The Telegraph
Monday , December 16 , 2013
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Why safety takes back seat

Boating in Jharkhand’s picturesque lakes and reservoirs was fun until this sorry Sunday.

The capsize in Ranchi Lake, which left three dead and several others traumatised on a specially planned morning, has lobbed uncomfortable questions at the tourism department that has so far failed miserably to implement mandatory safety regulations for the rides.

Almost all government-manned water bodies that offer the thrills and spills of boating across the state, particularly in Ranchi and Hazaribagh, not only have ill-equipped fleets, but also commit the cardinal mistake of overcrowding — one of the primary reasons behind the fatal accident in the capital.

While most organisers of the sport claim that they include life vests in their safety inventory, adrenaline junkies seldom wear these simply because they are not told to. Compounding chances of a fatal mishap is the absence of lifeguards or divers at most such tourist hot spots.

In the capital city, the Kanke reservoir alone hosts boating, that too occasionally, while Ranchi Lake’s fancy start on Sunday was nipped in the bud. Adventure buffs are rarely seen venturing into the 30-feet-deep waters of the dam with life vests on and tourism bosses never thought it prudent to deploy divers either.

“We have life jackets at Kanke Dam. If you say tourists are not wearing them, the matter will be looked into urgently,” said Sunil Kumar, managing director of JTDC. He added that they would also evaluate other necessary safety protocols.

A private entertainment hub in Ratu, Fun Castle, owned by Nitesh Nath Shahdeo of Ratugarh too offers boat rides. So does Bhagwan Birsa Biological Park in Ormanjhi, on the outskirts of the capital.

Fun Castle administrators claim all their four operational boats are equipped with life vests while divers too stay on duty during visiting hours.

On the other hand, the zoo facility — run by the state forest department — has 10 two-seater boats with adequate number of personal flotation devices, but no divers to buffer emergencies. “When tourists go boating, they are asked to wear life vests. Besides, the depth of our lake in barely 5ft and no one can drown,” said zoo director A.K. Patra.

Hazaribagh, the other big draw for boating enthusiasts after Ranchi, is yet another glaring example of negligence.

Lake Two in the cluster of four offers 20-minute rides for just Rs 20 per individual. The cheap entertainment in the 15-acre and 45-feet-deep lake — availed of mostly by school and college students — is risky to the core because the life vest rule is never implemented.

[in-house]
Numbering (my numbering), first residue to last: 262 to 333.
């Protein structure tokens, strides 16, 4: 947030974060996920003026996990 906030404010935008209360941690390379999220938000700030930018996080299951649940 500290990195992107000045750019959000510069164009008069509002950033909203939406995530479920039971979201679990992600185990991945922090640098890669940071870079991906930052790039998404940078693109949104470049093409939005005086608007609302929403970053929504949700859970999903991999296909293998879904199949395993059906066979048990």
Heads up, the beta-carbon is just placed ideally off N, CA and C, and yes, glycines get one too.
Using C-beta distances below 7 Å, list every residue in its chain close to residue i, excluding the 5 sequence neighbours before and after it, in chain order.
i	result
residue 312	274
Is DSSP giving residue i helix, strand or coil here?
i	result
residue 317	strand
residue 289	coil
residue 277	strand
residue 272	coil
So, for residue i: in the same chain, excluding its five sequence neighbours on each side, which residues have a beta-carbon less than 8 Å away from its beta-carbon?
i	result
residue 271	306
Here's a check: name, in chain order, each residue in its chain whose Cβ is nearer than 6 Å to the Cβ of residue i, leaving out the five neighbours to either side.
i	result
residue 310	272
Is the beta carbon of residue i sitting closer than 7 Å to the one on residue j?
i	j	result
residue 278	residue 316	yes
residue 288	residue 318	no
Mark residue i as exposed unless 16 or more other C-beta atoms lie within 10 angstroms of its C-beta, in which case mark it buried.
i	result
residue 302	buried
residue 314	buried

Lake caretaker Gaurav Kumar insisted that they had six safety jackets. “Par, na koi mangta hai aur na humein yaad rehta hai ki life jacket dena hai (Neither do people ask for them, nor do we remember to give it to them).”

Chatra resident Avinash Kumar, who took a joyride with his family on Sunday, said the long wait for their turn scuttled their plans and priorities. “We had to wait for over 30 minutes and so, forgot to ask for life vests. But then, it is the responsibility of organisers to ensure the rule is followed.”

Tourism minister Suresh Paswan said he had sought a report on the Ranchi Lake accident by midweek. “I will also review safety measures at other boating destinations — both private and those run by my department — in the state so that a rerun of the tragedy can be avoided.”

In the meantime, Ranchi and Hazaribagh can take a lesson or two from Jamshedpur, where boating at Dimna Lake and Jayanti Sarovar are synonymous with safety.

Last week, Tata Steel Adventure Foundation (TSAF) threw open its speed sport for the masses in the 1,462-acre and 50-feet-deep Dimna Lake. “There are two six-seater motor boats and a paddleboat. Two expert instructors have been deputed at the site to avoid untoward incidents. Boating is done along identified routes. Life vests are mandatory for all on board,” said P.P. Kapadia, a senior TSAF official.

At Jayanti Sarovar, boating is never allowed without a life vest. “Overloading is a strict no-no too,” said Bipul Chakraborty, director of Tata zoo, which runs the facility.

With inputs from Vishvendu Jaipuriar, Pinaki Majumdar

Did you ever go boating without a life vest?


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